Bran Stark and the Persistence of Ableism
~THIS ESSAY CONTAINS SPOILERS FOR THE SEASON 8 FINALE OF GAME OF THRONES. READ AT YOUR OWN RISK~
So, Game of Thrones finally ended. After eight seasons, it is done. And before it ended, the writers just had to put one last bit of truly awful ableism in.
Brandon the Broken. Bran the Broken. What a horrifically cruel title. In case any of you needed a timely reminder — being disabled is not being broken. Hey writers, you are fucking awful for doing that. The message you just put out about disabled people is horrific. What exactly did you hope to achieve with that? Did you even think about the ramifications of stating on a show broadcast to millions that wheelchair users are broken people?
No, of course you didn’t. You’ve never been good with marginalised characters, ever.
The fact that Bran doesn’t even correct those who call him the Broken fucking hurts. Not a peep from the siblings who love him, nor a protest from Sam who is probably one of the most just and decent characters. Not one. And that Tyrion gave Bran that title, when Tyrion of all people should know and believe better, is galling. Fuck you, writers. Seriously. The writers should have the decency to apologise, but we know they won’t. They’ve treated marginalised characters like shit throughout the entire eight seasons; of course they wouldn’t stop for the finale.
And you know the other thing that really bothered me? It is never mentioned in the series whether Bran can have kids or not. Sansa just goes straight ahead with the awful assumption that he can’t because he can’t walk. But guess what?
WHEELCHAIR USERS CAN AND DO HAVE KIDS. FUCK YOUR ABLEIST ASSUMPTIONS, WRITERS.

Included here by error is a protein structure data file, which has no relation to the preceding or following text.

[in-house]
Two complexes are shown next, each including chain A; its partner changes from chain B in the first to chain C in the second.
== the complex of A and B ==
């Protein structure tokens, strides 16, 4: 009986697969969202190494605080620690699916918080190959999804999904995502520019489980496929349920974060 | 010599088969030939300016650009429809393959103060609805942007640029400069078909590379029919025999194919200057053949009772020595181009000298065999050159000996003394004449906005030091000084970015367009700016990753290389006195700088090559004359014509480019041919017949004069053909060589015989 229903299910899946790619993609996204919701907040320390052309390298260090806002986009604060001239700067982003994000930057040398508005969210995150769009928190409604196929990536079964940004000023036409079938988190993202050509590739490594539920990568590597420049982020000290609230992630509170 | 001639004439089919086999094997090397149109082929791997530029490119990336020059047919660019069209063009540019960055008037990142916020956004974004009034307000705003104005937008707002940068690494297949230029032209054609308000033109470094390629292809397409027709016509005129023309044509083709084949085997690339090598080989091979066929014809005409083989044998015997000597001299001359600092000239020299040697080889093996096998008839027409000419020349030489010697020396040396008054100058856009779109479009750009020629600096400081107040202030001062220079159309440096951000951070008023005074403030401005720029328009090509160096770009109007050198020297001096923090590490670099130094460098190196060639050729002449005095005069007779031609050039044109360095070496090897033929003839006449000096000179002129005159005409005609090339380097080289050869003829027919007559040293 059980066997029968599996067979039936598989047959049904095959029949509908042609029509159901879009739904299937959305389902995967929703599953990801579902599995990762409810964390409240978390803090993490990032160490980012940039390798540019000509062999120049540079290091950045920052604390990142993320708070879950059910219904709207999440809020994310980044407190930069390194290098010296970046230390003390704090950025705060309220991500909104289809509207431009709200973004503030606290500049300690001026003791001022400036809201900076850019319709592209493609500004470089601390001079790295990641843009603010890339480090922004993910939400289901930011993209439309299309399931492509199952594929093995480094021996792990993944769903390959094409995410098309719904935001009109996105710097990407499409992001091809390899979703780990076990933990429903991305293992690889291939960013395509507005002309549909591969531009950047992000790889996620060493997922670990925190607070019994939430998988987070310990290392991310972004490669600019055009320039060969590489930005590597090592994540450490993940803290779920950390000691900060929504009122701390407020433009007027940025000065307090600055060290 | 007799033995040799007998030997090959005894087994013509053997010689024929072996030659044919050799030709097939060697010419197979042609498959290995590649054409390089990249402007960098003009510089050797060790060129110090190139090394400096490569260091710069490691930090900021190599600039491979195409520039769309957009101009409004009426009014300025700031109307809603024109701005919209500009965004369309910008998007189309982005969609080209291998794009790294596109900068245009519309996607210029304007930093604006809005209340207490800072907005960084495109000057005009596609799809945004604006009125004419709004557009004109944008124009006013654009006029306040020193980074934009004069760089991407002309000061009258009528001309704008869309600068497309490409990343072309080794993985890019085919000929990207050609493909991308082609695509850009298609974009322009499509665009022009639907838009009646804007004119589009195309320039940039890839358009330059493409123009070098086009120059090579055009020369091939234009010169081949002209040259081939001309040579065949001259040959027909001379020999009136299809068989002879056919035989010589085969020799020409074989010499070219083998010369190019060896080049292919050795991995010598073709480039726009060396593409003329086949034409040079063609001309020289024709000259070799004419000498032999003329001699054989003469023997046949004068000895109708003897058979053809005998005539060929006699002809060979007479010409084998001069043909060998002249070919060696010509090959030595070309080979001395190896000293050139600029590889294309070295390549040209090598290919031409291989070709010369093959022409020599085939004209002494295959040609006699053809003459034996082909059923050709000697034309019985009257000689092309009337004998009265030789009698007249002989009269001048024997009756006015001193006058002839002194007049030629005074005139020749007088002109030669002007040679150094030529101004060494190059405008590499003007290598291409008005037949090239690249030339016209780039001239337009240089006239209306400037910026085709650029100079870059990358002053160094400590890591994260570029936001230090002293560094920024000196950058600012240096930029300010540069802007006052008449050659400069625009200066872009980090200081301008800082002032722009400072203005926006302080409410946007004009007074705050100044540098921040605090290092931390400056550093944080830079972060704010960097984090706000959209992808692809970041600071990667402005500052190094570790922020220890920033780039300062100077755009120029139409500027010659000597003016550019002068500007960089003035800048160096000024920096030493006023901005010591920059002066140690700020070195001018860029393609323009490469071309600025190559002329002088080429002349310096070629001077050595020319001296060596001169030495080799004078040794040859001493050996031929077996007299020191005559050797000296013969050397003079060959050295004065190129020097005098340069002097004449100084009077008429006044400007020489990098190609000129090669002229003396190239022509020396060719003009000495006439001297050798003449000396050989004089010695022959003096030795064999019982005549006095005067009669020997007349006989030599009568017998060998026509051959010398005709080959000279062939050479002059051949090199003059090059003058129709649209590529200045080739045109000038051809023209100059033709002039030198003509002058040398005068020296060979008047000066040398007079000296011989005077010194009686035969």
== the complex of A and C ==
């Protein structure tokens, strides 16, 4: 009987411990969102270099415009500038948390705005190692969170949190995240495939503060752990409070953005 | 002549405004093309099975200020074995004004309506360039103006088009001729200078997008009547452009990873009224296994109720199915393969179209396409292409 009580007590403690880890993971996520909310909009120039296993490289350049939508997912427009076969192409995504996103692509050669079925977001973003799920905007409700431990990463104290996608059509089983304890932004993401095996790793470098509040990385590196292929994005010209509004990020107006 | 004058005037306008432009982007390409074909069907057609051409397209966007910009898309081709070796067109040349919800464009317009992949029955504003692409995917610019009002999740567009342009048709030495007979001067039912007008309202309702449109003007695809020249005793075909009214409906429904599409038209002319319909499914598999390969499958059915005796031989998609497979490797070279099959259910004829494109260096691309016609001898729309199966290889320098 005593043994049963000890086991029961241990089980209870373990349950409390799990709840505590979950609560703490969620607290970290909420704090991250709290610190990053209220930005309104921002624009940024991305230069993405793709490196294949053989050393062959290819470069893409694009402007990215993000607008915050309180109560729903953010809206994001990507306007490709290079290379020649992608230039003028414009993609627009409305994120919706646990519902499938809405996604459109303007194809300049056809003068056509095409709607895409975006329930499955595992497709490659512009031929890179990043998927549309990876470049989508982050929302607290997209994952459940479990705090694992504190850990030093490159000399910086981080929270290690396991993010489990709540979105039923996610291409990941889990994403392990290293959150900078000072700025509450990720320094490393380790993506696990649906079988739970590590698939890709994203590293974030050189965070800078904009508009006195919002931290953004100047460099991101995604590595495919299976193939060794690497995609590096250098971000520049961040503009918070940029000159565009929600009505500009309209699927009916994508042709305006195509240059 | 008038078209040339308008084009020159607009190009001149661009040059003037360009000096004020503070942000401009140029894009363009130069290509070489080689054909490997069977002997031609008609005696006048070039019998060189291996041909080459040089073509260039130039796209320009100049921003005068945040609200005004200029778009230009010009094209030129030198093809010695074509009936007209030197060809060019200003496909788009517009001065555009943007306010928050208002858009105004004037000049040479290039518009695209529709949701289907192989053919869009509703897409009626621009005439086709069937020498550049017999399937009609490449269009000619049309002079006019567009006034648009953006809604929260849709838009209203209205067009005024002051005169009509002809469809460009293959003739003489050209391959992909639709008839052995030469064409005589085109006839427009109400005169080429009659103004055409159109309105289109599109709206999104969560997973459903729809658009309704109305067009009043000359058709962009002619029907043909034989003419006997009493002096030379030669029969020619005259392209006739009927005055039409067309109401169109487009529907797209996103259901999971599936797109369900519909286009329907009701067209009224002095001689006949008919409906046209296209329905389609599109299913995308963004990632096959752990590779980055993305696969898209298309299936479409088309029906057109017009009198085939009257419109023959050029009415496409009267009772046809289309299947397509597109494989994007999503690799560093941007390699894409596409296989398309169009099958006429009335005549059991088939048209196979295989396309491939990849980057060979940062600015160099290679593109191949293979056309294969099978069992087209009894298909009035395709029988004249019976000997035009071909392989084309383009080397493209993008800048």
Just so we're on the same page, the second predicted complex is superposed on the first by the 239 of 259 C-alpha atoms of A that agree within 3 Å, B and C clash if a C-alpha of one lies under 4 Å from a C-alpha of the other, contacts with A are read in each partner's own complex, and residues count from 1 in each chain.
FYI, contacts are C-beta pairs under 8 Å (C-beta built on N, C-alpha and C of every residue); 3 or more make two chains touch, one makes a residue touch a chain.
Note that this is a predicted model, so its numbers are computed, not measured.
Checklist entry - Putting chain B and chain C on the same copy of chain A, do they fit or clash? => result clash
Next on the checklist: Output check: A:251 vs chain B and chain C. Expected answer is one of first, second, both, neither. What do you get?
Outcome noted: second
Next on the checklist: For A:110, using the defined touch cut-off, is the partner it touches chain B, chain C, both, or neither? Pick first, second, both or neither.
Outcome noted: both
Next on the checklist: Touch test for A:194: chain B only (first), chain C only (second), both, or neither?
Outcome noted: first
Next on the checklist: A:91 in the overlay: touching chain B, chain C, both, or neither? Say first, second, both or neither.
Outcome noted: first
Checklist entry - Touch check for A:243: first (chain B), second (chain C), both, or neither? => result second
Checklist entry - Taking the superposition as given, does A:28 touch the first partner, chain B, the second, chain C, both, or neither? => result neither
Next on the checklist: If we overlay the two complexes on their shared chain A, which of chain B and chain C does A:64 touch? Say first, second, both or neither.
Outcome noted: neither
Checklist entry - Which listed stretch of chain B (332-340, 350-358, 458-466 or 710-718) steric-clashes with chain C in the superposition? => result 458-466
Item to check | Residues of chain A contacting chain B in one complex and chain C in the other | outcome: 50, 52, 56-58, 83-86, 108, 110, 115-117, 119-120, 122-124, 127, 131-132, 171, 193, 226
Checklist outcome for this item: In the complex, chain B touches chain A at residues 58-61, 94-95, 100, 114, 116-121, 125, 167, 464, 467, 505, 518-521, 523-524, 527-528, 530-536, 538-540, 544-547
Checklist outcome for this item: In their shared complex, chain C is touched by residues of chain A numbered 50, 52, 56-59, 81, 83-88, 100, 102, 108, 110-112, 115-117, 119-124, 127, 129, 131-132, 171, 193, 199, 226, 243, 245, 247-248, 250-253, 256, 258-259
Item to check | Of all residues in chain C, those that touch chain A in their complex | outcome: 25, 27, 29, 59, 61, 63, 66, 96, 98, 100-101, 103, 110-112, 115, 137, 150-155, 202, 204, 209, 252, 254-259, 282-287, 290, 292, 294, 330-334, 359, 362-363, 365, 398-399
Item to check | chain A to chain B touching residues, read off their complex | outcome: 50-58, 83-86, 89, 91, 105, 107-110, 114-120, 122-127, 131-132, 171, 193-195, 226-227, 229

Lazy, ableist writing is the goddamn worst and yes I will rage about this forever because it fucking matters. Telling millions of viewers that using a wheelchair means you are broken and not whole is a horrific reflection of the writers’ views and the hugest indication that they really don’t care about disabled characters.
- Brandon the Breaker
- Brandon the Wise
- Brandon the Raven
- Brandon the Seer
- Brandon the Keeper
Any, any of these titles would have been a better choice than “Brandon the Broken”.
But no, ableism endured. As it always has done throughout this messy series. Yes, I’m still salty. I will always be salty about how disabled characters are portrayed in media. If people take issue with this, they should really have a look at why they do.
“But they made Bran King! A disabled character is the King of the Six Kingdoms!” I hear you say. You see, that counts for nothing when they call him broken. It is in no way good disability representation if you denigrate the character and reduce his name and being to an ableist judgement.. Also, Isaac Hempstead-Wright is not disabled in real life, so there’s that additional insult to injury. A non-disabled actor imitating disability, yet again. However, that topic has been covered far and wide by many good disabled journalists, and I’m not delving into it here.
The thing that gets me is that Bran isn’t broken. He’s clever and wise and yes he holds all memories of times past and present but. He is not broken. Not physically or mentally or emotionally. We see him smile, sass people, trick them, tease them. Bran is OKAY WITH NOT BEING ABLE TO WALK. He is FINE WITH NOT BEING ABLE TO WALK. His wheelchair and his ability to warg give him physical and mental freedom. And he forgave Jaime. He forgave Jaime because he knew that becoming the Three-Eyed Raven made him who he was meant to be. Bran has never been seen on screen wishing revenge upon Jaime Lannister, and after the events of the dreams, the Weirwood tree, I don’t believe he did.
So, Grand Maester Samwell, you better not record him as Brandon the Broken in your record keeping. No. Brandon Stark is not broken.
He is whole, just as he always was.
Lily is a non-binary disabled writer, activist, and medievalist. She has a masters’ degree in medieval literature from the University of Edinburgh, and lives in England. You can find her on Twitter or on her Patreon, where she posts medieval non-fiction, poetry, and queer fantasy fiction.